A recent film, Her, raises an interesting question: what is an individual in Artificial Cognition? For living beings, an individual is one cognitive system, which is alone in a part of the world, his body. There are a few exceptions, such as the Siamese twins and the fetus, but usually this is clear: an individual is not scattered with bits at different places, and there is only one cognitive system inside an individual, which has a well-defined boundary.

The hero of Her uses his smart phone for communicating with an artificial being. They are speaking, and it can observe the hero with the camera. This artificial being is not an Operating System, or OS, such as it is called in the film. The OS is essential for managing the programs running in a computer, but it does not act upon the details of the various applications. In fact, the artificial being is a program, with its data, which can be considered as an individual. This program is not necessarily present in the smart phone, some subroutines may be in a distant computer, such as Siri which is running on Apple servers. We have no longer the continuity of a living being, but that does not matter: an artificial being perfectly works although its different parts are linked by a phone network. Being entirely in the phone could be interesting, the system works even when the network fails, and it is easier for preventing unwanted intrusions; however, the “ears”, “eyes”, and “mouth” of our artificial being are in the smartphone, while most of its “brain” is probably in a remote computer, where other artificial beings are simultaneously present.

For artificial beings, parts of an individual may be at different places, and parts of several individuals may be at the same place. This application, which allows to communicate with an artificial being, is not used only by the hero, other people are using it simultaneously, 8316 according to a dialog. An Operating System knows very well how to manage many executions of the same program, each one with a different user. For each user, the program uses the data linked to this user, which must contain in this case:

* A memory of the preceding dialogs, and of the situations seen by the camera.

* The model of its interlocutor: is he emotional, selfish, cultivated, etc. Does he like to speak of sports, literature, politics, and so on. For improving this model, it may ask questions, for instance: what is your relationship with your mother?

* The image that the artificial being wants to give his interlocutor. Is it in love with him, or is it despising him, or hating him, etc. Is it intelligent, funny, rational, and so on. These characteristics are invented according to the goal of the artificial being: it behaves as if it really has them. For instance, it has to choose a first name, and it takes Samantha. This choice is not insignificant: a man does not always consider in the same way a woman called Mary, and a woman called Gwendoline.

With these three sets of data, it is possible for an artificial being to have a coherent conversation. Naturally, it must also have general goals such as to make the interlocutor happy (these goals are not clearly indicated in the film), and methods for achieving its goals.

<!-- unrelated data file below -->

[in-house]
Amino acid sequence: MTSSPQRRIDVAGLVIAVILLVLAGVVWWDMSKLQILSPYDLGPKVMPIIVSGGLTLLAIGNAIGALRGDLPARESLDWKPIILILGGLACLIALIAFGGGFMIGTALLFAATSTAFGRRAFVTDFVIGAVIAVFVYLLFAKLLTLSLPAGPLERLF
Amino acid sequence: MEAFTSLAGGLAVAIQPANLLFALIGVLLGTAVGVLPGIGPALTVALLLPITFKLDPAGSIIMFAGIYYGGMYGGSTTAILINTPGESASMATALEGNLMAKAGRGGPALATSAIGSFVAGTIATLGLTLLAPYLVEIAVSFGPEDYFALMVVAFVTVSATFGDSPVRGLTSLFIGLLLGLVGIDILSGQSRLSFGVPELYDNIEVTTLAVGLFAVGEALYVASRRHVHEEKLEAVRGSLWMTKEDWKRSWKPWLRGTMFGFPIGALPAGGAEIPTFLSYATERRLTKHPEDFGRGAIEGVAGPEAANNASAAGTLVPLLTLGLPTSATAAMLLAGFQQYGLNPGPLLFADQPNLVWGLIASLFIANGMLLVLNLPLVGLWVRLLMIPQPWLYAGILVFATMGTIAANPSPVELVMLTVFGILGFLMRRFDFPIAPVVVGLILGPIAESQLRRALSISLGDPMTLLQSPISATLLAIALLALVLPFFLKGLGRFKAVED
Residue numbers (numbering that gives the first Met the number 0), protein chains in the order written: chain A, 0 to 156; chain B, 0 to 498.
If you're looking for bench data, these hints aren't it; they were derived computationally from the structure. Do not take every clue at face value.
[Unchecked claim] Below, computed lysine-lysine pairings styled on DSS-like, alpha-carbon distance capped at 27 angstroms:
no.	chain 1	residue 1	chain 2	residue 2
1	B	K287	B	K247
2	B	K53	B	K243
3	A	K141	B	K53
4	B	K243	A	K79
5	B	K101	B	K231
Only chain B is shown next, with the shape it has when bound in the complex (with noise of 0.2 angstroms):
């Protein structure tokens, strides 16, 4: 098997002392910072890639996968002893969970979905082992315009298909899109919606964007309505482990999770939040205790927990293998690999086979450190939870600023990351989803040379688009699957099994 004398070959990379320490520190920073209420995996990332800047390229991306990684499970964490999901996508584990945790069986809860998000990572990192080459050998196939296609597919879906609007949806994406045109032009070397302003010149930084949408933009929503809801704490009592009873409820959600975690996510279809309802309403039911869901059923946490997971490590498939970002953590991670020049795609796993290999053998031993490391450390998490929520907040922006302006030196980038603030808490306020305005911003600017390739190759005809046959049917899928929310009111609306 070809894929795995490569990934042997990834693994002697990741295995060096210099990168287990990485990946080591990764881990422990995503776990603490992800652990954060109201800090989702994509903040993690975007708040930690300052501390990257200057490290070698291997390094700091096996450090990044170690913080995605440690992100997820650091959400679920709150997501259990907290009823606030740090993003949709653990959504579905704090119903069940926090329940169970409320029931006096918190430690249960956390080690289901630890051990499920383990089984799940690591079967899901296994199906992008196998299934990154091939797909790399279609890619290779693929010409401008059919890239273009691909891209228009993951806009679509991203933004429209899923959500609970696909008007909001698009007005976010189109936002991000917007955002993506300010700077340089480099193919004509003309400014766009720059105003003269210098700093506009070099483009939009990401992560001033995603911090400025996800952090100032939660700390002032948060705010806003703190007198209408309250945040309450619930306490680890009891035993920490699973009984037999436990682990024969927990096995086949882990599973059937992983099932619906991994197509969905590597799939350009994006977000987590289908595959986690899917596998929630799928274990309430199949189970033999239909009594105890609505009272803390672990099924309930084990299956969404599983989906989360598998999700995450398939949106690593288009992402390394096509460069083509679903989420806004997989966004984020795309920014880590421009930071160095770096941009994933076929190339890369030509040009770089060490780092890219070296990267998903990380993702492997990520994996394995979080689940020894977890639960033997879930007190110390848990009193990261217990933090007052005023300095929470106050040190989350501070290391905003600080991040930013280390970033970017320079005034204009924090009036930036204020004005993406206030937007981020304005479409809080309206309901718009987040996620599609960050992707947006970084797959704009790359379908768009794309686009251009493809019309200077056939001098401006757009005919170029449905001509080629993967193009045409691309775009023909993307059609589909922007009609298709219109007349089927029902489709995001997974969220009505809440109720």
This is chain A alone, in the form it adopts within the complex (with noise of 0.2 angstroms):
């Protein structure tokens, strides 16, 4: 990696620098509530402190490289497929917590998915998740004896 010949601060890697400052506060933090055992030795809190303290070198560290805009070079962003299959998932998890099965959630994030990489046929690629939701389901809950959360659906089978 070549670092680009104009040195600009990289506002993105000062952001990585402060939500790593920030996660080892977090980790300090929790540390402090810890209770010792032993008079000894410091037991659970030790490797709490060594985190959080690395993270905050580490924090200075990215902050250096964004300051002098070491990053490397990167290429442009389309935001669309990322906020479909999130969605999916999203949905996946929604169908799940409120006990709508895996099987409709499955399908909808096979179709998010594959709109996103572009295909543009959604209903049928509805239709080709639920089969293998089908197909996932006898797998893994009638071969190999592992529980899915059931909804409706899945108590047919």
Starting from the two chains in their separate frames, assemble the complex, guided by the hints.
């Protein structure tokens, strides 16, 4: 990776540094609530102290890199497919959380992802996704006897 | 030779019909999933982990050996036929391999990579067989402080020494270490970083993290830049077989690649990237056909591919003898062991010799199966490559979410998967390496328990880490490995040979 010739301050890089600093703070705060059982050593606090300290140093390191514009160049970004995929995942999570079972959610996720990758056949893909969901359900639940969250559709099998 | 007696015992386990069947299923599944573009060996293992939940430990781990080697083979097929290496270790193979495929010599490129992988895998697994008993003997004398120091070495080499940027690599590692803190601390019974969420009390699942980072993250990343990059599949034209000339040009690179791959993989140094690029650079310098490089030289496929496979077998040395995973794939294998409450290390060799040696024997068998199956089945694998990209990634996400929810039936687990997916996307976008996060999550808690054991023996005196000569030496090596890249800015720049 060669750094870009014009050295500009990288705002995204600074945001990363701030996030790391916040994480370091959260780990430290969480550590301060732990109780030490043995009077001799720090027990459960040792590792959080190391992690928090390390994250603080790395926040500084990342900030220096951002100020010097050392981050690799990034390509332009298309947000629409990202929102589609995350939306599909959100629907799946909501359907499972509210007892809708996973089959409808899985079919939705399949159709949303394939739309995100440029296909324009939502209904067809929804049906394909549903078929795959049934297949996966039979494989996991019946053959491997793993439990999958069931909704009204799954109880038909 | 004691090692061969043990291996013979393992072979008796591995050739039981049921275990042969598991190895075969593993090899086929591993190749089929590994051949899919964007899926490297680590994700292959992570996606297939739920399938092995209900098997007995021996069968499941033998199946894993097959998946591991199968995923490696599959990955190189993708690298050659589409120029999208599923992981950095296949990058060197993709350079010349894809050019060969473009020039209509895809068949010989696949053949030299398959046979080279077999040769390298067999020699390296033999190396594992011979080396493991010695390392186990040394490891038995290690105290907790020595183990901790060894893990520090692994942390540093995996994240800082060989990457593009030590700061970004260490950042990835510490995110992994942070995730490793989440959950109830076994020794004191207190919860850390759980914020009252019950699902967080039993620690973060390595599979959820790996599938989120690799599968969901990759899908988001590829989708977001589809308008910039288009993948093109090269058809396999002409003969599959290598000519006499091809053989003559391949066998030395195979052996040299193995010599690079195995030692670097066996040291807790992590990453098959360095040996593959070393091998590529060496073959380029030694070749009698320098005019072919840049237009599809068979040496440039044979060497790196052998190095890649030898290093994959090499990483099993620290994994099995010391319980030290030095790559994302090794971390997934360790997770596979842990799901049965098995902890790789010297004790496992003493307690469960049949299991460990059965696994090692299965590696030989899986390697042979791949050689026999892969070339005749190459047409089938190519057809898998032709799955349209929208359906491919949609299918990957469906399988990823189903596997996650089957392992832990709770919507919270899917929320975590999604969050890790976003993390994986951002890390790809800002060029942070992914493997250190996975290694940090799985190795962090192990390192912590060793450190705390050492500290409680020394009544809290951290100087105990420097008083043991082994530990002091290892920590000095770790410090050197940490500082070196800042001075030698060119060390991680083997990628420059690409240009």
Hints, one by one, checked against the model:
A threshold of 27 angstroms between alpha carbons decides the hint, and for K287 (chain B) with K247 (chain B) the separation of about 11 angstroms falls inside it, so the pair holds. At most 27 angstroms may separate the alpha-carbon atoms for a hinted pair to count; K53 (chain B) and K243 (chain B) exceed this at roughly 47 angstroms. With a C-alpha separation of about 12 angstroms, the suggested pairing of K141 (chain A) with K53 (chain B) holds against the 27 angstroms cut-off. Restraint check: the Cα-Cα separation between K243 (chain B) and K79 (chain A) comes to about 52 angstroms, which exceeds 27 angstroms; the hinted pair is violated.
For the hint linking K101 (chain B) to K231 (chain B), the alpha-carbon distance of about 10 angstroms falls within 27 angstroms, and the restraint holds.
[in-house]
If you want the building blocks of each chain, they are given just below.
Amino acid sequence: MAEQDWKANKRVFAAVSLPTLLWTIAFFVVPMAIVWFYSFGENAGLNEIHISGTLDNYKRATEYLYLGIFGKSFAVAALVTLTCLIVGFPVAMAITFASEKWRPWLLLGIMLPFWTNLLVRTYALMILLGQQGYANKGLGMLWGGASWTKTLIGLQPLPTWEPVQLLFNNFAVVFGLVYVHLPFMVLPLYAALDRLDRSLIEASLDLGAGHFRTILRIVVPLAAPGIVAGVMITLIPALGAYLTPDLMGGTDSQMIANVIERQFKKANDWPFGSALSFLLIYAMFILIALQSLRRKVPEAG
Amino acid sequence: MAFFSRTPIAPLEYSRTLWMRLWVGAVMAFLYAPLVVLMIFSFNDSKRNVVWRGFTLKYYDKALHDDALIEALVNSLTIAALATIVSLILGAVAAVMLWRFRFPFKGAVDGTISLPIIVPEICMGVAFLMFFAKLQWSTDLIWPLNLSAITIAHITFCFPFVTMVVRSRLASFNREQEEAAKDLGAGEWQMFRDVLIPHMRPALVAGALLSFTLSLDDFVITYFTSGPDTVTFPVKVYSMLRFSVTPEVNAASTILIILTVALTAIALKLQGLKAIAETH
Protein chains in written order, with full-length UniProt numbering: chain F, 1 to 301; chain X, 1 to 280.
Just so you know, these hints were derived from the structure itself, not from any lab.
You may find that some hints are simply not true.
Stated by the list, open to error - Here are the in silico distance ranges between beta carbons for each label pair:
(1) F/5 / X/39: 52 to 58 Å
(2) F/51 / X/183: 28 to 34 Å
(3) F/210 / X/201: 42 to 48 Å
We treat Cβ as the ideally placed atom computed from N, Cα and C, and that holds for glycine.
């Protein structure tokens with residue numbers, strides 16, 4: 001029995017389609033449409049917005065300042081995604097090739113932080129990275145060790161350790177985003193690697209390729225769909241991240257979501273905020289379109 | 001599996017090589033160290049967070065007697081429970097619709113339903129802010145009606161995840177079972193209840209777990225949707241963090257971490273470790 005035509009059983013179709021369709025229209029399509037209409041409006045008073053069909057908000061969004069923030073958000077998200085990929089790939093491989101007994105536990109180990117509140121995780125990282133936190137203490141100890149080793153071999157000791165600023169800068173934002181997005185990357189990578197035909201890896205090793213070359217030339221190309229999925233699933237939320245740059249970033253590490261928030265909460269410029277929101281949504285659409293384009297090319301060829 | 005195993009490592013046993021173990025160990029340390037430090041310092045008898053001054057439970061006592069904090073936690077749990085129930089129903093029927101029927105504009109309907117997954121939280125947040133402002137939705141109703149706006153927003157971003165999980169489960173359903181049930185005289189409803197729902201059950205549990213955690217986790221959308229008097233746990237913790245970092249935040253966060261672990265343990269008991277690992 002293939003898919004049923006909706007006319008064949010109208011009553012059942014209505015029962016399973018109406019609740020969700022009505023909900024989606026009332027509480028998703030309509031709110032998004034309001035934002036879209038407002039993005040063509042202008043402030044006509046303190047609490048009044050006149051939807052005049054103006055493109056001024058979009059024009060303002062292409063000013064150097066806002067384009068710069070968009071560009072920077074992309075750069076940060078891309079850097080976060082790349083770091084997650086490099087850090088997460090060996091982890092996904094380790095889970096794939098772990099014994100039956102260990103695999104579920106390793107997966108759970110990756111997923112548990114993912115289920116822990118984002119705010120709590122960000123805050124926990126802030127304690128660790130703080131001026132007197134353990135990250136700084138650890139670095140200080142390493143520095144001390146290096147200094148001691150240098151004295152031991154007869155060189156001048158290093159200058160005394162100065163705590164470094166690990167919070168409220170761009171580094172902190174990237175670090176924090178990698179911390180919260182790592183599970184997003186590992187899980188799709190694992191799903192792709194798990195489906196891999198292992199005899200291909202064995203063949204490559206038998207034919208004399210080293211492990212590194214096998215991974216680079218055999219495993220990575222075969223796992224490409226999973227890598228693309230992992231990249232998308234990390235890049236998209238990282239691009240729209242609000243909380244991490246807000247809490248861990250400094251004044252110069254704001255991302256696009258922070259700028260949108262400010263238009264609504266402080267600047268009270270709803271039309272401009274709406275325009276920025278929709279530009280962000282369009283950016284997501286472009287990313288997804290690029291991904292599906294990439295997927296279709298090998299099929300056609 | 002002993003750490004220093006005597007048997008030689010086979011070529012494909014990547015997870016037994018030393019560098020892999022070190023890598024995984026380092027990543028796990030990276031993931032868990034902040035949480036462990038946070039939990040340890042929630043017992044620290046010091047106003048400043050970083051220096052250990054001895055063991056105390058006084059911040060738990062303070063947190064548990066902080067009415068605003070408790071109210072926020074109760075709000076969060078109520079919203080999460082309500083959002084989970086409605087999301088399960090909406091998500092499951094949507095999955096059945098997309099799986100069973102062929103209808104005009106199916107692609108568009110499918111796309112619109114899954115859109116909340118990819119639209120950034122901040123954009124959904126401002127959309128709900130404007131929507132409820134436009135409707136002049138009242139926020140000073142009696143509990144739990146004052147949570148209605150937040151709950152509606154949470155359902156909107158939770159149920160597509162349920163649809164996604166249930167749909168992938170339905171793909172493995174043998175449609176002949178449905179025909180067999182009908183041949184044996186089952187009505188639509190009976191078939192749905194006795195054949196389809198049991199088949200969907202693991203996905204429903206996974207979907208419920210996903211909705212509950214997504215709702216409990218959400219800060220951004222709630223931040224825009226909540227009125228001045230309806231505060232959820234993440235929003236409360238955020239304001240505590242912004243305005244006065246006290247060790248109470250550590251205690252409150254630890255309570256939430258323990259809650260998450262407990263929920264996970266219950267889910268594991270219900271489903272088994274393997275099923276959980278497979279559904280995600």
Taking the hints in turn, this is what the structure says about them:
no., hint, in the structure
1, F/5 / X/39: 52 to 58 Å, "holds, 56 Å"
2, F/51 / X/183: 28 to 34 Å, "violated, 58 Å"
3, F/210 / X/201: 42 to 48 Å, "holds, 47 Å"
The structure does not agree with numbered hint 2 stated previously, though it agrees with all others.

If I had to realize such a system, I believe that it would be difficult, but possible. A tough task is to interpret the images taken by the camera: it is really difficult to perceive the feelings of a man from his picture, but this is not essential in the film. I would write a program P which would be perceptive about people, and find satisfactory answers, using the private sets of data of the present user; in that way, its behavior could be adapted to everybody. I do not see why it would be useful for this program to know that other clones are simultaneously running.

I would also write a super-program M, the master, which would observe what each clone of the program is doing. M would use this information for learning to improve the efficiency of program P; this could lead M to modify this program. It could also monitor each clone, possibly stopping it, or modifying its goals if something goes wrong. Nevertheless, it is not necessary that program P knows that program M exists. To resume, there are many individuals, which are clones of P, and one individual which is the master M.

This is not the way the system, actor of this film, is built: the hero is devastated when he learns that Samantha has many other interlocutors, and is in love with 641 of them. There is a confusion between P and M: the hero, who was speaking with a clone, Samantha, is now talking with the master M, which would be the only one to have the information that many others P are running. Naturally, it is always possible to program anything, but it is not the natural way to implement such a system. Samantha could honestly tell the hero that it loves him, and no one else.

Unfortunately, that would remove the event that revives the film. The director preferred to add some drama to this excellent film rather than to have a clear and satisfactory situation for the hero, as well as for AI researchers!

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